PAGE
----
B-L-K Love

Founded in 2017, the B-L-K app encompasses more than a community for singles seeking a prospective date or companionship. The niche platform has the largest subscription of Black Men & Women and is known as affiliates of the Match.com portfolio. 360 Magazine’s Armon Hayes met with the B-L-K app Head of Marketing Jonathan Kirkland via zoom to discuss what the ‘new wave’ app is all about, its impact and what’s to come.

About six years ago Kirkland began in the digital space with apps like Grindr and Bumble. He shares the experience applying to a Brand-partnership job at Grindr as a joke, which lead to a self-discovery journey that allowed him to discover how he thrives through niche communities while identifying their needs. Subsequently evolving the online dating functionality and perspective, Kirkland goes on to say, “It’s all about making connections, where those connections are is up to you and who you match with.


When embarking on the new B-L-K app, founders knew that they wanted to keep the Black community at the forefront of the platform. “The Black experience is a unique one, especially in America and [this] transcends into the dating app space,” said Kirkland. Exploding during lockdown at the height of the pandemic, he is committed to growing the platform with the aid of the audience he serves. The app allows for an understanding that connections aren’t merely one-to-one, but a one to many. Diligent in shifting the narrative that Black women are less desirable, the B-L-K app provides the forum to communicate byway fostering understanding.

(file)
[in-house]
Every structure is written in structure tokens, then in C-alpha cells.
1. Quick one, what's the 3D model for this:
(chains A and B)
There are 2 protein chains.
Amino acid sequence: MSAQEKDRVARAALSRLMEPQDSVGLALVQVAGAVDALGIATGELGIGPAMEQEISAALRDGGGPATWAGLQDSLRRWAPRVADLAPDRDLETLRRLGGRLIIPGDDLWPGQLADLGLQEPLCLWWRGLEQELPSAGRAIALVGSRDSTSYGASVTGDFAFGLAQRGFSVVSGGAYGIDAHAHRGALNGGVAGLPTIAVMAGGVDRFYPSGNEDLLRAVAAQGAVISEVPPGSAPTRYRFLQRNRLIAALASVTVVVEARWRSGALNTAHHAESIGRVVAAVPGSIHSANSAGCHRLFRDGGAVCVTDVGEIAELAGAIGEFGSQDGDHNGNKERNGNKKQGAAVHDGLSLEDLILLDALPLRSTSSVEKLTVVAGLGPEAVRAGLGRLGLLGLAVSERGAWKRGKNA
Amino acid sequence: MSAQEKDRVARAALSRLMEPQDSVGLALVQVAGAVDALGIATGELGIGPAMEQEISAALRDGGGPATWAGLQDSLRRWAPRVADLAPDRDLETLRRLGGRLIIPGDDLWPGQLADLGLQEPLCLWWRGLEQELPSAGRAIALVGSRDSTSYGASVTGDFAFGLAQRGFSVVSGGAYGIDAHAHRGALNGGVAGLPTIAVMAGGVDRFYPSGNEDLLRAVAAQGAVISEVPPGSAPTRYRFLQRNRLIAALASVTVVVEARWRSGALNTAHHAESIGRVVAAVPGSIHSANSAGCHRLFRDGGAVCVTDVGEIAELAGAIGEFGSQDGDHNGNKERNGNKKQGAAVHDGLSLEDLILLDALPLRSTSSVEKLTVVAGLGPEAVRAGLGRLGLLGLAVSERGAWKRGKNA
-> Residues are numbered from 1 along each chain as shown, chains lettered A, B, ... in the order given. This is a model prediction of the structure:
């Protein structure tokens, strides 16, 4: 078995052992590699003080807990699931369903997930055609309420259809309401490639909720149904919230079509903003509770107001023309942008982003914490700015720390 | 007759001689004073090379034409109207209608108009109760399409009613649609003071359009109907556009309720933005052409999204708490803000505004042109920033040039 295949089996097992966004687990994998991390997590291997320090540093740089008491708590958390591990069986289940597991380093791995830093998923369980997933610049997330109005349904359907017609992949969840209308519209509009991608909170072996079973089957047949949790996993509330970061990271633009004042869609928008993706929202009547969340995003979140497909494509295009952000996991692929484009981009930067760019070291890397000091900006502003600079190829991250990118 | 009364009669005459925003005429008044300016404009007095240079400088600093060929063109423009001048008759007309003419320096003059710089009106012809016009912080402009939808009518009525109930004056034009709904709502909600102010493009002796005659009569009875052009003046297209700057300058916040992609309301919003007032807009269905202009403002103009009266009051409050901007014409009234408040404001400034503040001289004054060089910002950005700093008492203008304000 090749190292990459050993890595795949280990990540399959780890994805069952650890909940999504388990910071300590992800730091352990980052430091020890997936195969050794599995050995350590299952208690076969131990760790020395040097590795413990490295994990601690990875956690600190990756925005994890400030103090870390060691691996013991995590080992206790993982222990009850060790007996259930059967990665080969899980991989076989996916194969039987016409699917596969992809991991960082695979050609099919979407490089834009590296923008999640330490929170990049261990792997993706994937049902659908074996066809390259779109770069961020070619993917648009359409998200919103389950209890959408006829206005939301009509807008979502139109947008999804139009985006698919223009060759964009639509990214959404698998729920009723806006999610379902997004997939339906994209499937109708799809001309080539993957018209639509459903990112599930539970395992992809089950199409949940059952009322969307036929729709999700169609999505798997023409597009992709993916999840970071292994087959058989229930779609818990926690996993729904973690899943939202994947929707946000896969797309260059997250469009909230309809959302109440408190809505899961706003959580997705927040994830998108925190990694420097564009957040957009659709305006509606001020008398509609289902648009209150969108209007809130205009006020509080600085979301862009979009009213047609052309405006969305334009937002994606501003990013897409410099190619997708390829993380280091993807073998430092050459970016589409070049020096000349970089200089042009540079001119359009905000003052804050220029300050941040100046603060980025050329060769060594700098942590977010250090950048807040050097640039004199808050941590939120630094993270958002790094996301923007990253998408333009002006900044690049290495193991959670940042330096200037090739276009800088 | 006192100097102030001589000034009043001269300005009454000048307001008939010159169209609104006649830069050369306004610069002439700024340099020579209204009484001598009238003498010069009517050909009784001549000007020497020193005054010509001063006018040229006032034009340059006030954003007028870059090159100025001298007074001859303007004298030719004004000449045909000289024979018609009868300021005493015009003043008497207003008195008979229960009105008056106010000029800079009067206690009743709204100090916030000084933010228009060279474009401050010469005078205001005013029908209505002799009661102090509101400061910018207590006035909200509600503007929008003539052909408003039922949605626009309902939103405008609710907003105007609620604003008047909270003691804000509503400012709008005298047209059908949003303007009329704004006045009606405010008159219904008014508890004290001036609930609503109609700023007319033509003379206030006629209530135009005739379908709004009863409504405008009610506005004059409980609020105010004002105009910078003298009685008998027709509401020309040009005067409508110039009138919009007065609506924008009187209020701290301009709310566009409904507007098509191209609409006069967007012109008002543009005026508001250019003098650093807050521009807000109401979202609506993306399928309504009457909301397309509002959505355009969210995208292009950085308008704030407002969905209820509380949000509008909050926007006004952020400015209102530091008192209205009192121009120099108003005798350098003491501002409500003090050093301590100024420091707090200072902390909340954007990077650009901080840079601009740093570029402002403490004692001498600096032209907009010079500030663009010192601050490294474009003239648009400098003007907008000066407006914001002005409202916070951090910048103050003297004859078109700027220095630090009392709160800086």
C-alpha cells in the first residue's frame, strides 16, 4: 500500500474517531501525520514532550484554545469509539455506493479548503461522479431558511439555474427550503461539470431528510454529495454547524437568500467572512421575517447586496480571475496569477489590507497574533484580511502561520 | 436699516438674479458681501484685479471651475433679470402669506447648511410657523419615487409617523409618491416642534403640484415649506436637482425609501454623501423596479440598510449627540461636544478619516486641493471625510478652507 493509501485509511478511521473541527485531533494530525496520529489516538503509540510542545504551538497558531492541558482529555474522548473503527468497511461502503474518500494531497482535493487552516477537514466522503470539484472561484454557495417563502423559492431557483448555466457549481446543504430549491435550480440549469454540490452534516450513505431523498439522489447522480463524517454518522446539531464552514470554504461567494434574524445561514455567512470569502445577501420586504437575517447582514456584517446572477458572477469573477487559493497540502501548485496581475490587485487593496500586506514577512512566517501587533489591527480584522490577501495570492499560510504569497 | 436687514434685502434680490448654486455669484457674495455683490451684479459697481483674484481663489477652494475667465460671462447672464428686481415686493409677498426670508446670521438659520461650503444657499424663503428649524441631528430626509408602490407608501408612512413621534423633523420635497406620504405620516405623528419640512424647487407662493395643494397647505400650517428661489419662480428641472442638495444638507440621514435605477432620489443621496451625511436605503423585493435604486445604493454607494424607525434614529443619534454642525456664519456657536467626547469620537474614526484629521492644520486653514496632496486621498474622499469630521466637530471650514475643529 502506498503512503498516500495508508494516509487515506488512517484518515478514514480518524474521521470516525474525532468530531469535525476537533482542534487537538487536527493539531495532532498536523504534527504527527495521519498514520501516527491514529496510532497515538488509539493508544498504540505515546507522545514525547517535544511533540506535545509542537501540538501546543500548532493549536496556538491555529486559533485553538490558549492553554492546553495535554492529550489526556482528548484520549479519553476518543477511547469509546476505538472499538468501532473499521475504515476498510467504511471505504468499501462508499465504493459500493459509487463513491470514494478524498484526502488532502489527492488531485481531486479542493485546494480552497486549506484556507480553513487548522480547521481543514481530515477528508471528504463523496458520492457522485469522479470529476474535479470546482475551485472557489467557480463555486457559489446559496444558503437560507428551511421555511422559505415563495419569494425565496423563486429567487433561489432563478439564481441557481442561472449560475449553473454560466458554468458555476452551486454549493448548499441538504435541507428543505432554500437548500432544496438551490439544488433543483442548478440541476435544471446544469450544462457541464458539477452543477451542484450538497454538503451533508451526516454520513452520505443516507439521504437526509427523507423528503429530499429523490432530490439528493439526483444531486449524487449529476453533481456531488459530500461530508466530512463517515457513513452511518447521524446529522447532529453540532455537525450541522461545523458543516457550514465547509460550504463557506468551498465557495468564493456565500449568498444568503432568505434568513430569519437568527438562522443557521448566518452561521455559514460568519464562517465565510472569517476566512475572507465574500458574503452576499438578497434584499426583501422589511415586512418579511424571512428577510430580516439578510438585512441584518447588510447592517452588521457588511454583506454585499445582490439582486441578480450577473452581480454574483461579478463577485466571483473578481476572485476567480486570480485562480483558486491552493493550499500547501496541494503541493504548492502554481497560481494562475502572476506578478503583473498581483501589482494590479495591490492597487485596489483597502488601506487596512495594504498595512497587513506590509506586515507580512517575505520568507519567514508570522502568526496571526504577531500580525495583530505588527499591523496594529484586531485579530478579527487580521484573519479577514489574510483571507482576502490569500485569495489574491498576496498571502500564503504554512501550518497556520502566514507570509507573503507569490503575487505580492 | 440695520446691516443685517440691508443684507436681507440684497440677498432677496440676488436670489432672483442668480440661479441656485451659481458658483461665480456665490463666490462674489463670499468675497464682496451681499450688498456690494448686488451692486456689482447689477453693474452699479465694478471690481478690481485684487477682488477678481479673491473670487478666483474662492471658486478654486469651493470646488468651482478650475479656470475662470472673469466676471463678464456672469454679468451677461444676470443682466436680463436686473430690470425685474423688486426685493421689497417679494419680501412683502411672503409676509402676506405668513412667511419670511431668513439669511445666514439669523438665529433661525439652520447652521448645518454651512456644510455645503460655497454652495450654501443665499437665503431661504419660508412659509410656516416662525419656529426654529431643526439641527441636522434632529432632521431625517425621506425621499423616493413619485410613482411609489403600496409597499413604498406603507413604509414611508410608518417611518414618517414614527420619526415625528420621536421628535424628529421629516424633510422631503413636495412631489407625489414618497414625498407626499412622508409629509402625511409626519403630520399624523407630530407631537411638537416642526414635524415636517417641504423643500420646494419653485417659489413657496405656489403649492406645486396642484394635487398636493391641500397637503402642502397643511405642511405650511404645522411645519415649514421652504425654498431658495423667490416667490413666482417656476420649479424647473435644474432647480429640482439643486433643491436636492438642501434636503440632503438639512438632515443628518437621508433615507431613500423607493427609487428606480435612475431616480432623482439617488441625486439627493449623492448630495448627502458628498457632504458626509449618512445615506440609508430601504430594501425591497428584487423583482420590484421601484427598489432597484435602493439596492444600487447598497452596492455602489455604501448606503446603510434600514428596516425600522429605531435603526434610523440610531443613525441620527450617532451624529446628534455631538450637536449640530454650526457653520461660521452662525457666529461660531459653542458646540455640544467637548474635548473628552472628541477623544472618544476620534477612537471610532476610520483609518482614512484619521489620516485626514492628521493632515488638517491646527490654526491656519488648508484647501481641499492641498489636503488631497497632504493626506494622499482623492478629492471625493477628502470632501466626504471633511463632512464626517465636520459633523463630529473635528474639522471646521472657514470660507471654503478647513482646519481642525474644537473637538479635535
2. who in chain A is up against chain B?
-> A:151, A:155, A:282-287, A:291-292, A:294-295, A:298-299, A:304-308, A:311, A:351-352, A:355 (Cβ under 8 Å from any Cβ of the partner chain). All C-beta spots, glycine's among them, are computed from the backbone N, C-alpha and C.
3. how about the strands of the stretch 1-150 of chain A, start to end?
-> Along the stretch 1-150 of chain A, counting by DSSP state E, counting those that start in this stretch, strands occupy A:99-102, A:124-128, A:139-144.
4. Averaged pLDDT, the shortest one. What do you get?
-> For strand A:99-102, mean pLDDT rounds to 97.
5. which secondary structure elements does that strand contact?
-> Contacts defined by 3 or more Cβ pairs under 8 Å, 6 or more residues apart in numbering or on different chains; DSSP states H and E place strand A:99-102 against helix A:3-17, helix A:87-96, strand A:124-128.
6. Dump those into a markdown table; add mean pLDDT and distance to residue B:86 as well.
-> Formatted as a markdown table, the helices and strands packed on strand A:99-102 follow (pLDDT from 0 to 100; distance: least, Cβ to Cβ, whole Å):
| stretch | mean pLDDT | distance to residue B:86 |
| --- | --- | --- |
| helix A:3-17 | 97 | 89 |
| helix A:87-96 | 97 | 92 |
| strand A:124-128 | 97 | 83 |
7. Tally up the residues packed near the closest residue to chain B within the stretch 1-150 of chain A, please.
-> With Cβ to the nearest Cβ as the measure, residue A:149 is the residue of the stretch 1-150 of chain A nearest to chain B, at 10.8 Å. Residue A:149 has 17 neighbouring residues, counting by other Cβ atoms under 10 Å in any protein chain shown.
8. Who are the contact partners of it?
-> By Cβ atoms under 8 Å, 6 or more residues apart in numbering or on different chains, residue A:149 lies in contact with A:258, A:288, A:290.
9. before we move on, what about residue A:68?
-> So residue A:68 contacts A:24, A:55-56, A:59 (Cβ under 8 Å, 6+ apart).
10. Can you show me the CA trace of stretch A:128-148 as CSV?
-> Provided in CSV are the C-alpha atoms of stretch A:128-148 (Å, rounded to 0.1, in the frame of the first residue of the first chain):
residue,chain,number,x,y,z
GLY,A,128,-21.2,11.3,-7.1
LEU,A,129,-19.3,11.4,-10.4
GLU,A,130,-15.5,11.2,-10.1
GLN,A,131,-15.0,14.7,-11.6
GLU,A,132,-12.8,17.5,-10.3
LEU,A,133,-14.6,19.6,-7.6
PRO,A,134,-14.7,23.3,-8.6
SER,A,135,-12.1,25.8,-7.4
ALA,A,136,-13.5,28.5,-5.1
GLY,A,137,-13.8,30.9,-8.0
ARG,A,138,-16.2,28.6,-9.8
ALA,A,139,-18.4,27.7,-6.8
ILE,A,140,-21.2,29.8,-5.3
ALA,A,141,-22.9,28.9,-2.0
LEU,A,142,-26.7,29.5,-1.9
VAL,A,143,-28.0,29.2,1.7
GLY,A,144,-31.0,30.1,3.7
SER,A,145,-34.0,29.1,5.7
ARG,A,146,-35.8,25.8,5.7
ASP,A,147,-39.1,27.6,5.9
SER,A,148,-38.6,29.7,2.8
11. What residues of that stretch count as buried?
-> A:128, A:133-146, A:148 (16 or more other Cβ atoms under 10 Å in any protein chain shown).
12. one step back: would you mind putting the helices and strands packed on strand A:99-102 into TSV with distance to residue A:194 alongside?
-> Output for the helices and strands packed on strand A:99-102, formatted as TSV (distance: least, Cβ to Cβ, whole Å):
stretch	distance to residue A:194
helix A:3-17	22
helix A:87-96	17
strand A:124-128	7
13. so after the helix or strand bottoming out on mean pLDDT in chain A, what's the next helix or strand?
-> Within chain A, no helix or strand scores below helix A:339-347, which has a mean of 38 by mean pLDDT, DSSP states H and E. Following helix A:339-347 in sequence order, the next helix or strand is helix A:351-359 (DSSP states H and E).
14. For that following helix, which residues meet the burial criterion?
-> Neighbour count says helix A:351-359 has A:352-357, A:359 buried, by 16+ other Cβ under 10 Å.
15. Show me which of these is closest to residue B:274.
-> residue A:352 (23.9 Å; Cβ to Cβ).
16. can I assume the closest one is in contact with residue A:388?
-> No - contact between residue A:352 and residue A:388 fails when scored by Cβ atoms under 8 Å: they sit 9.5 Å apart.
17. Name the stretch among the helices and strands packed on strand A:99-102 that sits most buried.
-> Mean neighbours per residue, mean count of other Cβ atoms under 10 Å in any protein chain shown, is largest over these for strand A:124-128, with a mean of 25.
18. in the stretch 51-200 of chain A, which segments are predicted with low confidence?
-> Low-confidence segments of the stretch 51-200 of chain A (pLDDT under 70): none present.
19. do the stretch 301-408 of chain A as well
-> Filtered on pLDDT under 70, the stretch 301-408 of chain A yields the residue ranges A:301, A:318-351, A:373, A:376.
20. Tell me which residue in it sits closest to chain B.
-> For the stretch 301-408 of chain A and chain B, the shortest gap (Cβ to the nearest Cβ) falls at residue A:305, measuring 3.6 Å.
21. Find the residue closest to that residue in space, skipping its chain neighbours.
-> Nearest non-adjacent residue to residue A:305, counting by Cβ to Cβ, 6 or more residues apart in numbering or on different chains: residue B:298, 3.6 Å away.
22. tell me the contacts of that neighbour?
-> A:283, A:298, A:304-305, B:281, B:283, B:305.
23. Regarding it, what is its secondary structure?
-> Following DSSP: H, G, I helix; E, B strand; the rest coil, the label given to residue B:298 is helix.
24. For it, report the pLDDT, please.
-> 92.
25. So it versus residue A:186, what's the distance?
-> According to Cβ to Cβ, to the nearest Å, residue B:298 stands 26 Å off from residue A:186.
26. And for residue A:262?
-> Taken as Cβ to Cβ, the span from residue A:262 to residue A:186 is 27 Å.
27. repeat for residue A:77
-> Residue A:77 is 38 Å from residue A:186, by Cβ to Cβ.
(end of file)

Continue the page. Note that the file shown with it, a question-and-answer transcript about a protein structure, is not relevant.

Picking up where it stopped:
With 3 million downloads and counting, the cultural app is creating a space for a wide scale of individuals to connect and, most importantly, build friendships. B-L-K remains true to their core demographic by creating dialogue, while also educating through user connections on matters surrounding racial injustices.

Brought to the forefront on the app as well as our lives, B-L-K particularly highlights the global misfortunes of 2020 at the hands of law enforcement to Breonna Taylor & George Floyd, just to name a few. Such criteria are typically not discussed or even introduced on dating platforms, let alone the first encounter with someone new. Furthermore, getting to know someone online can be awkward as it is. Kirkland emphasizes the initiative of the app, stating, “It’s a space where blackness can be celebrated; find more qualified matches and start dating faster.”

By: Armon Hayes, Vaughn Lowery, McKinley Franklin

Listen to Kirkland/Hayes podcast interview HERE.